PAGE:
06 Feb 2017 |
World innovation news |
Materials & Manufacturing
A Soy-based Biomaterial to Filter Air
Disposable or cartridge respirator masks and HEPA filters, commonly used for their low cost, help protect from large airborne particles. However, they cannot block finer particles and harmful microorganisms. The environmental and health impacts of industrial and urban areas are rising. This is a presentation on the industrialization of a solution to improve air filter quality, an essential component for private and public areas, which will help reduce health problems associated with air pollution, especially among workers exposed to various polluting emissions.
Scientific Framework: Biomaterial Science and Engineering
Researchers at Washington State University created a filter, based on soy and bacterial cellulose pulp, which captures carbon monoxide, formaldehyde and other volatile organic compounds. Existing air filters on the market are unable to isolate these harmful chemicals because they can only stop particles larger than 0.3 micron. The project brought together Weihong Katie Zhong, professor at the School of Mechanical and Materials Engineering, Ph.D. candidate Hamid Suzandeh, and researchers at the University of Science and Technology in Beijing. Notably, Suzandeh’s academic research, in collaboration with other students, has been focusing on the interaction between soy proteins and polluting particles since 2014. Engineers tested and approved the reliability of the filtering products made from this biomaterial. They then published their research entitled “Soy protein isolate/bacterial cellulose composite membranes for high efficiency particulate air filtration” in the July 2016 edition of the Composites Science and Technology journal.
Designing the filter took one year and was funded entirely by researcher Katie Zhong. In fact, the US Department of Agriculture and Washington State University had refused to fund the project.
Design of a Soy-based Biomaterial
Standard air filters, usually made of synthetic plastic or wool micrometric fibers, can physically filter small particles but are incapable of chemically capturing gaseous molecules. In addition, they are most often made from petroleum products, through processes that generate the same type of pollutants for which these filters are designed.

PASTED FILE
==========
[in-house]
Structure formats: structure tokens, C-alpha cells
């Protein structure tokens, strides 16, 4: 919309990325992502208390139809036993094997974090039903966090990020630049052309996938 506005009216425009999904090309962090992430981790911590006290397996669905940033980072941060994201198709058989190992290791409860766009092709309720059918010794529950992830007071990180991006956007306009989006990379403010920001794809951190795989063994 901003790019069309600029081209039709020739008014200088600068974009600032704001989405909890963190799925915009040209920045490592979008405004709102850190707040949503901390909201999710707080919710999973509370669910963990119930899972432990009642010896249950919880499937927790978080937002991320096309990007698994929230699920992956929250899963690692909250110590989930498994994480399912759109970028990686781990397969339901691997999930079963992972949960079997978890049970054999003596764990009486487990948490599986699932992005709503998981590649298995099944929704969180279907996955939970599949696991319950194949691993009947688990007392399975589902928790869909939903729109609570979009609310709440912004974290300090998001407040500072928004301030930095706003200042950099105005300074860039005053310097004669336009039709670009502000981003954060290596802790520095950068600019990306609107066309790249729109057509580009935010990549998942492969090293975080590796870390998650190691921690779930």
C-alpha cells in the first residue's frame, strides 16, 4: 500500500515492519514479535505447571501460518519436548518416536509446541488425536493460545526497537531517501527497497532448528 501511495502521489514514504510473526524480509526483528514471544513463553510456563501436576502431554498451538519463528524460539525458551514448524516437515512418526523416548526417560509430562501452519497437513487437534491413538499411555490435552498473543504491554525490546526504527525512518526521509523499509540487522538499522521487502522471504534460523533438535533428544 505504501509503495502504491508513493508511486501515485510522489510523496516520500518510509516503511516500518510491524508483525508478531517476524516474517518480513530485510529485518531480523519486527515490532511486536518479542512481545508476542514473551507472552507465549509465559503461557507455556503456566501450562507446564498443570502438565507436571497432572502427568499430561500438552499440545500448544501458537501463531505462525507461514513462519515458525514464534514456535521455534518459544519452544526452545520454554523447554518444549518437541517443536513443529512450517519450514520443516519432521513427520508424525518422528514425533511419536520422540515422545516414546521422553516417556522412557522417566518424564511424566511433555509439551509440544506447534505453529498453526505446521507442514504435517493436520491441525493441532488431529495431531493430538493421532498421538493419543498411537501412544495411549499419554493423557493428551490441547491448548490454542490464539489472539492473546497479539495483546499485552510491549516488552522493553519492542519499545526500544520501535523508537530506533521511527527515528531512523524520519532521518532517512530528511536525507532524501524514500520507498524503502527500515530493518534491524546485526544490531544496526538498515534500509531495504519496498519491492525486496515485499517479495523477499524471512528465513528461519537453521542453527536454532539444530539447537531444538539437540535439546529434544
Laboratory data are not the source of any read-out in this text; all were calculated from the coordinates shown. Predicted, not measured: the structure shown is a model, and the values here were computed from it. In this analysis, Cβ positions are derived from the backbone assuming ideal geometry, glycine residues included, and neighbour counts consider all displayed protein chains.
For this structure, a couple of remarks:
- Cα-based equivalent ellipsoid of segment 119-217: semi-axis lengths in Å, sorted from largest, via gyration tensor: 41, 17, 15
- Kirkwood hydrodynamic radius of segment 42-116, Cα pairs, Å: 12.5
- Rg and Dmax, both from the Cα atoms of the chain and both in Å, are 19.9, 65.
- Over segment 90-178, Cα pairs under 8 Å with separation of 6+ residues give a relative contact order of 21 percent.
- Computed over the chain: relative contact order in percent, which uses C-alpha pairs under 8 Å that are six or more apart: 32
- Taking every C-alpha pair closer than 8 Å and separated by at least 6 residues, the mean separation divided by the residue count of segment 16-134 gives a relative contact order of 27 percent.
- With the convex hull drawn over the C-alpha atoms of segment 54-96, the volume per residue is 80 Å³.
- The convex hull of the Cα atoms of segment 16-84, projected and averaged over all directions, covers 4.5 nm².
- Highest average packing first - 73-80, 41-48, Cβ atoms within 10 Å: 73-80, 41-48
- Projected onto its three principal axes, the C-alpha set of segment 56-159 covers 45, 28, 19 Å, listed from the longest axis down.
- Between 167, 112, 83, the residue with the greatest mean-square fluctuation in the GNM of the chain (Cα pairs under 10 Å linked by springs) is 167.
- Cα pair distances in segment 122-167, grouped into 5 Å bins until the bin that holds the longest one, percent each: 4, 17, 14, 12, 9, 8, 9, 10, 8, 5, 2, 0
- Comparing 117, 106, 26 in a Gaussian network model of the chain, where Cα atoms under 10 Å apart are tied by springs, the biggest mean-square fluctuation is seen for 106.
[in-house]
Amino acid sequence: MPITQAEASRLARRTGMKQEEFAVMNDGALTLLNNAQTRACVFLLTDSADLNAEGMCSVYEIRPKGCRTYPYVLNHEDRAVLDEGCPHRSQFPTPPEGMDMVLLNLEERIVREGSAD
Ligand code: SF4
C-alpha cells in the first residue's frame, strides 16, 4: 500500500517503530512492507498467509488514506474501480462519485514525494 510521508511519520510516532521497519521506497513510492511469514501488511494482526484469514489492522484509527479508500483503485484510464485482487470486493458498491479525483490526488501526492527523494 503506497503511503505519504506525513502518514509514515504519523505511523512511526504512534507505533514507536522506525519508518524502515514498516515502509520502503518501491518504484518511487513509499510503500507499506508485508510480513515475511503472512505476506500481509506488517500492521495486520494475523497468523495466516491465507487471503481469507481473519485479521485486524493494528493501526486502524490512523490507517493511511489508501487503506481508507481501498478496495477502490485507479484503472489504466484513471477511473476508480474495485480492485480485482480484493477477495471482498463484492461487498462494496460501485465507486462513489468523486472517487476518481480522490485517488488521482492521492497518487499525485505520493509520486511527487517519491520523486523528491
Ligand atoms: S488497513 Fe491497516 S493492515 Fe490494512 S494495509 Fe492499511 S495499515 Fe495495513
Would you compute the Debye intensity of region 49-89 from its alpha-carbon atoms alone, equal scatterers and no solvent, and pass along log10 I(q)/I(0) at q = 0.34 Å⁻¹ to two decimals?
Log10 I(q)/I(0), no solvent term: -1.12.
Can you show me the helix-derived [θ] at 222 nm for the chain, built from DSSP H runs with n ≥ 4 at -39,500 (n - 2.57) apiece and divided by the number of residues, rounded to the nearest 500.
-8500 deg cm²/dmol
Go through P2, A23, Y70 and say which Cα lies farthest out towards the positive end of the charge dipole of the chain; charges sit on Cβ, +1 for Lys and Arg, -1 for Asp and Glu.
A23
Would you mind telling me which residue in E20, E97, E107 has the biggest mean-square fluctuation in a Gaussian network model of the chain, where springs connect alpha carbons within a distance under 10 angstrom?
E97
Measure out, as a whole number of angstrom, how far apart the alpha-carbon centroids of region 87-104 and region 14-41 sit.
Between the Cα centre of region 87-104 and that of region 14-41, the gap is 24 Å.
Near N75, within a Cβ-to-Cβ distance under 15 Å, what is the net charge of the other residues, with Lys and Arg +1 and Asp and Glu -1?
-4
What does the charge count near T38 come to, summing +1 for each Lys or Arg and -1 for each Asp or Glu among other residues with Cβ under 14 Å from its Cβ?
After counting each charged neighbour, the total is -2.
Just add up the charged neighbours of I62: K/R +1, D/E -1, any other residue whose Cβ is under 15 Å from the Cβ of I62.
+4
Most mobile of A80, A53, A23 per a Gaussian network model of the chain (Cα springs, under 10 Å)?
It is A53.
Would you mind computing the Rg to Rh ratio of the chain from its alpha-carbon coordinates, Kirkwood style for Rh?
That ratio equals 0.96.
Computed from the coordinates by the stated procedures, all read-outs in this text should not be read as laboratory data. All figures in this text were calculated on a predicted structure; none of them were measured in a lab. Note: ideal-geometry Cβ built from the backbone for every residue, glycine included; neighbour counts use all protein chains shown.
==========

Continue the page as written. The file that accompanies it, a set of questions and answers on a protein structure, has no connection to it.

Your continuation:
Soy protein and cellulose are inexpensive components already used in many applications, such as adhesive, plastic products and bandage production.
Soy contains a large number of functional chemical groups, namely 18 types of amino groups. Each of these groups has the potential to capture pollutant molecules. The researchers used an acrylic acid-based treatment to disentangle the extremely rigid soy protein in order to increase the contact between the chemical groups and the contaminants. The resulting filter is capable of removing almost all small volatile particles as well as chemical pollutants.
Environmental and Economic Benefits of the Filter
Soy is a perennial herb that can be easily cultivated in very large quantities around the world. This filter will be biodegradable and inexpensive, as it will be made from organic materials.
In addition to soy-based filters, researchers also developed gelatin- and cellulose-based air filters. They applied the filter material over low-cost, disposable paper towels to strengthen them and improve their performance. They filed patent applications for these technologies and are currently interested in bringing their inventions to market.